(CN) - Presidential spokesman Sean Spicer told reporters flying aboard Air Force One on Thursday that the White House plans to impose a 20 percent tax on all Mexican imports to pay for the border wall the president intends to build between the two countries.
President Donald Trump launched his plan to build the wall on Wednesday, and in the 24 hours since has repeatedly insisted Mexico will pay for it.
Mexican President Enrique Pena Nieto responded on Thursday by calling off a trip to Washington meet with Trump to discuss immigration and other issues.
"This morning we have informed the White House I will not attend the working meeting planned for next Tuesday," the Mexican president tweeted.
He added that "Mexico reaffirms its willingness to work with the United States to reach agreements that benefit both nations."
Trump responded during a speech in Philadelphia by saying that "unless Mexico is going to treat the United States fairly, with respect, such a meeting would be fruitless, and I want to go a different route. We have no choice."
Later, he added: "We're working on a tax reform bill that will reduce our trade deficit, increase American exports and will generate revenue from Mexico that will pay for the wall, if we decide to go that route."
During a brief gaggle with reporters on the way back to Washington, Spicer said “when you look at the plan that’s taking shape now, using comprehensive tax reform as a means to tax imports from countries that we have a trade deficit from, like Mexico."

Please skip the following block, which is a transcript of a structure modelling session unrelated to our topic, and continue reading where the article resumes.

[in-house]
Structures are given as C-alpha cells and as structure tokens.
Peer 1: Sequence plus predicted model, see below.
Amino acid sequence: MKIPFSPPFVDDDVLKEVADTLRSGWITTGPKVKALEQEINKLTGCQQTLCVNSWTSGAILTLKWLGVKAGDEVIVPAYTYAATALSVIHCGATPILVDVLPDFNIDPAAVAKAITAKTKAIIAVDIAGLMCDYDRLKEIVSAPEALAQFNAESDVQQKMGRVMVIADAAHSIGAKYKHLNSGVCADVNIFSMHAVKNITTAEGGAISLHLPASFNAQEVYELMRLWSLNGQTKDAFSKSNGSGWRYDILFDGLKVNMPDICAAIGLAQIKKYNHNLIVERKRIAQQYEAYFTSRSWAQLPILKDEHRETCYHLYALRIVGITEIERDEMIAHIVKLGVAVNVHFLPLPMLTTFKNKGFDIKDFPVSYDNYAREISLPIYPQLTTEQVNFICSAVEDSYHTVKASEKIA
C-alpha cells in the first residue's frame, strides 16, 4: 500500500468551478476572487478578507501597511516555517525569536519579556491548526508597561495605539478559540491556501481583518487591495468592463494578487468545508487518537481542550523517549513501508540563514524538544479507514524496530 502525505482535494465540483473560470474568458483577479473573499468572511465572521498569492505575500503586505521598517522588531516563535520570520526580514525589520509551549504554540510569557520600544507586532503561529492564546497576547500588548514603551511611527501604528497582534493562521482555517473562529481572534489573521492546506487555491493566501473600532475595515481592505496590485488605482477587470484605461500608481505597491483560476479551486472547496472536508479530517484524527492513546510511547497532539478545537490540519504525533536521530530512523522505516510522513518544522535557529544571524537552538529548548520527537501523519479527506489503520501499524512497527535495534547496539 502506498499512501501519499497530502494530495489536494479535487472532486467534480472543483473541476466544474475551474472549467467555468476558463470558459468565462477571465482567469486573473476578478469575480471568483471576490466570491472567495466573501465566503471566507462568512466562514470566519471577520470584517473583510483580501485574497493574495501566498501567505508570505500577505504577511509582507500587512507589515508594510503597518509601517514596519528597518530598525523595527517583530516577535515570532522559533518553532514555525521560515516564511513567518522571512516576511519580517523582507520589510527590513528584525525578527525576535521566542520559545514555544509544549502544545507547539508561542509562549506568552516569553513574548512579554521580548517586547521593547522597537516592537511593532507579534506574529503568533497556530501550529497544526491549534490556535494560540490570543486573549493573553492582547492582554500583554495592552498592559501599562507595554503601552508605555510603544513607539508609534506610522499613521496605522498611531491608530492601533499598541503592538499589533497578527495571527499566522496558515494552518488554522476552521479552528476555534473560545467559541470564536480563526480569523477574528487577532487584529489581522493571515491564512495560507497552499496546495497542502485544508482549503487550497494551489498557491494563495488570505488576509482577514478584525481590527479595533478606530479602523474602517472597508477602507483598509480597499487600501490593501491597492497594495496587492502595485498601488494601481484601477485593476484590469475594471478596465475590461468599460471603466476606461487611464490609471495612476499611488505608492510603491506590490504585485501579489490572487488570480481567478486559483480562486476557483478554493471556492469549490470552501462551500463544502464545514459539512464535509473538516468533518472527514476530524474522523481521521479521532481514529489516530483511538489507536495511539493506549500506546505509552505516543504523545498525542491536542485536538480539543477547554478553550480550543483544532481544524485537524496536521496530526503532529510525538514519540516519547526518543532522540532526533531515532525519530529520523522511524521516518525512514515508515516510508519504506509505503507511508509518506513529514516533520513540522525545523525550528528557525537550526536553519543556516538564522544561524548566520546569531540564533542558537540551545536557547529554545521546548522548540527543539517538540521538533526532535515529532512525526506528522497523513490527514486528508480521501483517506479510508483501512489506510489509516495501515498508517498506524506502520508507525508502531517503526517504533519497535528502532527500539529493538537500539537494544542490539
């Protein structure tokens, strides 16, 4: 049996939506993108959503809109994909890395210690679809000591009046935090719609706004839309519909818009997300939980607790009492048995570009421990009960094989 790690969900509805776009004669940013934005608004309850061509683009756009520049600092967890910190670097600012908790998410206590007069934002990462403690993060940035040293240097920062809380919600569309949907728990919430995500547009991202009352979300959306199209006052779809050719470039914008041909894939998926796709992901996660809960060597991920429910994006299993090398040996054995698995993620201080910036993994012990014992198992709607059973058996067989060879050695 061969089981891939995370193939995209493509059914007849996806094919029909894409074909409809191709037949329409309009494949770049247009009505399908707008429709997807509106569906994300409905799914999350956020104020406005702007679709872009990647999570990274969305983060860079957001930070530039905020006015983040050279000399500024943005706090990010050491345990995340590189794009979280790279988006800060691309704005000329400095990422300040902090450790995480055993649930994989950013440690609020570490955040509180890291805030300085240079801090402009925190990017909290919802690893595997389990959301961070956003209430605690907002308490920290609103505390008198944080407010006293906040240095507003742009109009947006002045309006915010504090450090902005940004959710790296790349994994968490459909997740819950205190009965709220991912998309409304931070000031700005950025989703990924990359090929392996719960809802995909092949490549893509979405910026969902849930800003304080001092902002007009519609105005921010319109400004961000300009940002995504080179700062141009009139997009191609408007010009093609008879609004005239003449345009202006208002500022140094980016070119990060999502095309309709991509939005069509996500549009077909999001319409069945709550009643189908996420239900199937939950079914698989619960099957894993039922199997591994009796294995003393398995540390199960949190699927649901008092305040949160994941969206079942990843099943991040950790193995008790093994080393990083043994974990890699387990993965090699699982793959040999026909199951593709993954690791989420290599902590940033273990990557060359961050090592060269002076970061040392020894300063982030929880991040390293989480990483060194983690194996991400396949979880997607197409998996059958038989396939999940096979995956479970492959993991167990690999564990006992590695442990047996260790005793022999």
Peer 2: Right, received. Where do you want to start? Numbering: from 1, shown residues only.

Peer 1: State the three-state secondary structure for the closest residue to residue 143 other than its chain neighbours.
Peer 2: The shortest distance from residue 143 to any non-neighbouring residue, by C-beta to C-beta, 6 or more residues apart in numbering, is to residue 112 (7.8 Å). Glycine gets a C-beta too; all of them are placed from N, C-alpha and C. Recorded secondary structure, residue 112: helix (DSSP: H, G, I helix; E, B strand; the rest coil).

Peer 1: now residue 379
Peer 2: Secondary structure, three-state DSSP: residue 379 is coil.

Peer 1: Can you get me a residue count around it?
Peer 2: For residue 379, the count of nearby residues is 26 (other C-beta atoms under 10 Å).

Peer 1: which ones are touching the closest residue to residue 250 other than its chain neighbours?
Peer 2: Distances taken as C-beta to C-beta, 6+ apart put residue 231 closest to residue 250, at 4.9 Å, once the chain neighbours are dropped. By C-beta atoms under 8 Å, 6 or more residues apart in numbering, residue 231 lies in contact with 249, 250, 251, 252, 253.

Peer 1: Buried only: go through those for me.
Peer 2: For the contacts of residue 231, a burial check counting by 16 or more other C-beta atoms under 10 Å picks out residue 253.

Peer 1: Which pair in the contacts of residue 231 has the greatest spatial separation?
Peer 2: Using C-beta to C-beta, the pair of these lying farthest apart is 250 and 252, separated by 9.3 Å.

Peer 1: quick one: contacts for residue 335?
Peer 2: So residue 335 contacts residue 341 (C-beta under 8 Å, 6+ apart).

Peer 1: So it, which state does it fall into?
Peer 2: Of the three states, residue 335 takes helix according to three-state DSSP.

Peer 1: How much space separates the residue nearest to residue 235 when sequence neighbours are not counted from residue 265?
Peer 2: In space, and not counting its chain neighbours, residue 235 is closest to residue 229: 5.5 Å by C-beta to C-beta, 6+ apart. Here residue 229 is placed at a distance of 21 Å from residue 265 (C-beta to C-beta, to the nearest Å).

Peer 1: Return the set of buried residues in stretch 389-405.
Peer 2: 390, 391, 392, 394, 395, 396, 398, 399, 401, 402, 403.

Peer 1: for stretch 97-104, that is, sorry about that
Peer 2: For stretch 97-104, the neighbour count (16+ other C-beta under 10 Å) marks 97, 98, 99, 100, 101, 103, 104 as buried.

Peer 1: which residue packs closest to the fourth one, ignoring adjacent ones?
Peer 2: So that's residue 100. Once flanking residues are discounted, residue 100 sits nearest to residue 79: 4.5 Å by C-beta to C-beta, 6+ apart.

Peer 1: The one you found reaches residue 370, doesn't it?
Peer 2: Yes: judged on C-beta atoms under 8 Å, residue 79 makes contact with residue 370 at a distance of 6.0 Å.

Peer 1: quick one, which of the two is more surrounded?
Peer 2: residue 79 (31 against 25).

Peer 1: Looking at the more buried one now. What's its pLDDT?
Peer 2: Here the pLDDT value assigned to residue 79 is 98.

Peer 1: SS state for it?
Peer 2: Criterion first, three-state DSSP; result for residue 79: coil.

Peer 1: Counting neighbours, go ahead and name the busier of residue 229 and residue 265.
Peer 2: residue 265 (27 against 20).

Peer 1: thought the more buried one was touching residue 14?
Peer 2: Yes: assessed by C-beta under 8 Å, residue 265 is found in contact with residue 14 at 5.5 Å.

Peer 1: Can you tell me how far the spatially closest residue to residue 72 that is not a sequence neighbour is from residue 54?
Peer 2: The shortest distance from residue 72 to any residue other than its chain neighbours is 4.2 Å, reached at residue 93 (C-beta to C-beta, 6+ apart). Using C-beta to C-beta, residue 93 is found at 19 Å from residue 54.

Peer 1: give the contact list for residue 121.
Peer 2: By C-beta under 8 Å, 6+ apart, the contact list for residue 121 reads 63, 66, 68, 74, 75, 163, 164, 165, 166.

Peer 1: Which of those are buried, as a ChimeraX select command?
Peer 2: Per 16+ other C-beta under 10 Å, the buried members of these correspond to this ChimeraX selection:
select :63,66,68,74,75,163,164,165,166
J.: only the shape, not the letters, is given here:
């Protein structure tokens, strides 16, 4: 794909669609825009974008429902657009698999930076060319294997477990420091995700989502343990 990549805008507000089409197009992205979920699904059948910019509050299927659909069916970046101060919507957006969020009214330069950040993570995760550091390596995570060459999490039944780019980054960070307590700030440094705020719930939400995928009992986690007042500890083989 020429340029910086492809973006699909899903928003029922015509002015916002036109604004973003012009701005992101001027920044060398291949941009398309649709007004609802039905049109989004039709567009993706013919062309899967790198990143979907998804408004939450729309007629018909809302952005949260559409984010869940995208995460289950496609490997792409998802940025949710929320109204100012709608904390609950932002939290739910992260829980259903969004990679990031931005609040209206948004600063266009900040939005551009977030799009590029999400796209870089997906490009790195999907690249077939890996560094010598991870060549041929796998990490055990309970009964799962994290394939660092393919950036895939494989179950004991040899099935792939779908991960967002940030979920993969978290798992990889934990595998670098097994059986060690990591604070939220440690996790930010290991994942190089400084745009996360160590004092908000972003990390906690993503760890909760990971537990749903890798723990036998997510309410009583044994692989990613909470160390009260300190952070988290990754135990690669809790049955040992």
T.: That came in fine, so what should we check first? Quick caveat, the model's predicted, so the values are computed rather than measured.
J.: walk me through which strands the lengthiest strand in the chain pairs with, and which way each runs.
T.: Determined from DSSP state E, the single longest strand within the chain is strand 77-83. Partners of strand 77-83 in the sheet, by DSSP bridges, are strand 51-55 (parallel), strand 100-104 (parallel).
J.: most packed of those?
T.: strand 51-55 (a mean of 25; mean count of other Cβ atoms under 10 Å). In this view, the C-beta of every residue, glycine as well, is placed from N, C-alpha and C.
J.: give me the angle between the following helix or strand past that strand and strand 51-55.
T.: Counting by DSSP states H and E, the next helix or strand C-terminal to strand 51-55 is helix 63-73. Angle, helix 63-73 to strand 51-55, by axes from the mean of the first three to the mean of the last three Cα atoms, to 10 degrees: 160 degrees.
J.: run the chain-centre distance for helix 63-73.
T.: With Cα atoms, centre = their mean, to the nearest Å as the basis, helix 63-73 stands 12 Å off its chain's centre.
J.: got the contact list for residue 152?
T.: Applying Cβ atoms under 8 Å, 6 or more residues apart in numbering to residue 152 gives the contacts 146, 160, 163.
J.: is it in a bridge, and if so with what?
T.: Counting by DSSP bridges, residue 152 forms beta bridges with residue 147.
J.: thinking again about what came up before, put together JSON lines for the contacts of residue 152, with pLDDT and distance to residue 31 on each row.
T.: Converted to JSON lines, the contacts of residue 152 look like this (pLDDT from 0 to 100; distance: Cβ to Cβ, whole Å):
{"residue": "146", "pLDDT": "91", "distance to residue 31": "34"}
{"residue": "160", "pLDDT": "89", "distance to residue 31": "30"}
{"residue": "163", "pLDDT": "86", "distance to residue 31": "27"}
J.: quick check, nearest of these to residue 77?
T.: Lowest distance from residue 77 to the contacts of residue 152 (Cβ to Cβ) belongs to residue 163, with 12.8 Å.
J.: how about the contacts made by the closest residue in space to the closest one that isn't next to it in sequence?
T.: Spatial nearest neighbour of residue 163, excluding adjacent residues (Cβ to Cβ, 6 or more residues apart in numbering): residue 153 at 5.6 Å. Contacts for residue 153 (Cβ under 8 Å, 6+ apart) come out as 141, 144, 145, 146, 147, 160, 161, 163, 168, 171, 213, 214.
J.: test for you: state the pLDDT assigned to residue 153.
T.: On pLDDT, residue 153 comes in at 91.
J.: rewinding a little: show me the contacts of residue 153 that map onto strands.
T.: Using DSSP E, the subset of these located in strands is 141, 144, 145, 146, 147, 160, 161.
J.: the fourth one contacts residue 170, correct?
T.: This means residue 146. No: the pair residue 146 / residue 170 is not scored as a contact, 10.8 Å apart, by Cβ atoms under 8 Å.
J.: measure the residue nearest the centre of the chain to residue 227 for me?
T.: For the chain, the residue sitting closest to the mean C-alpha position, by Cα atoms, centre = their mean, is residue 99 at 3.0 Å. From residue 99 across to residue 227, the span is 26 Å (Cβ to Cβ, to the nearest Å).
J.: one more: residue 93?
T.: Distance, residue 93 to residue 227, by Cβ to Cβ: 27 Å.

"If you tax that $50 billion at 20 percent of imports – which is by the way a practice that 160 other countries do – we can do $10 billion a year and easily pay for the wall just through that mechanism alone," he said. "Right now our country’s policy is to tax exports and let imports flow freely in, which is ridiculous."
Spicer said the White House has been in close contact with both the House and Senate in creating the tax plan, but did not offer additional details about the tax or how it would work.
Mexico currently sends about 80 percent of its exports to the United States.
Spicer said a significant tax on those goods would provide ample funds for the border wall, "and do so in a way that the American taxpayer is wholly respected.”
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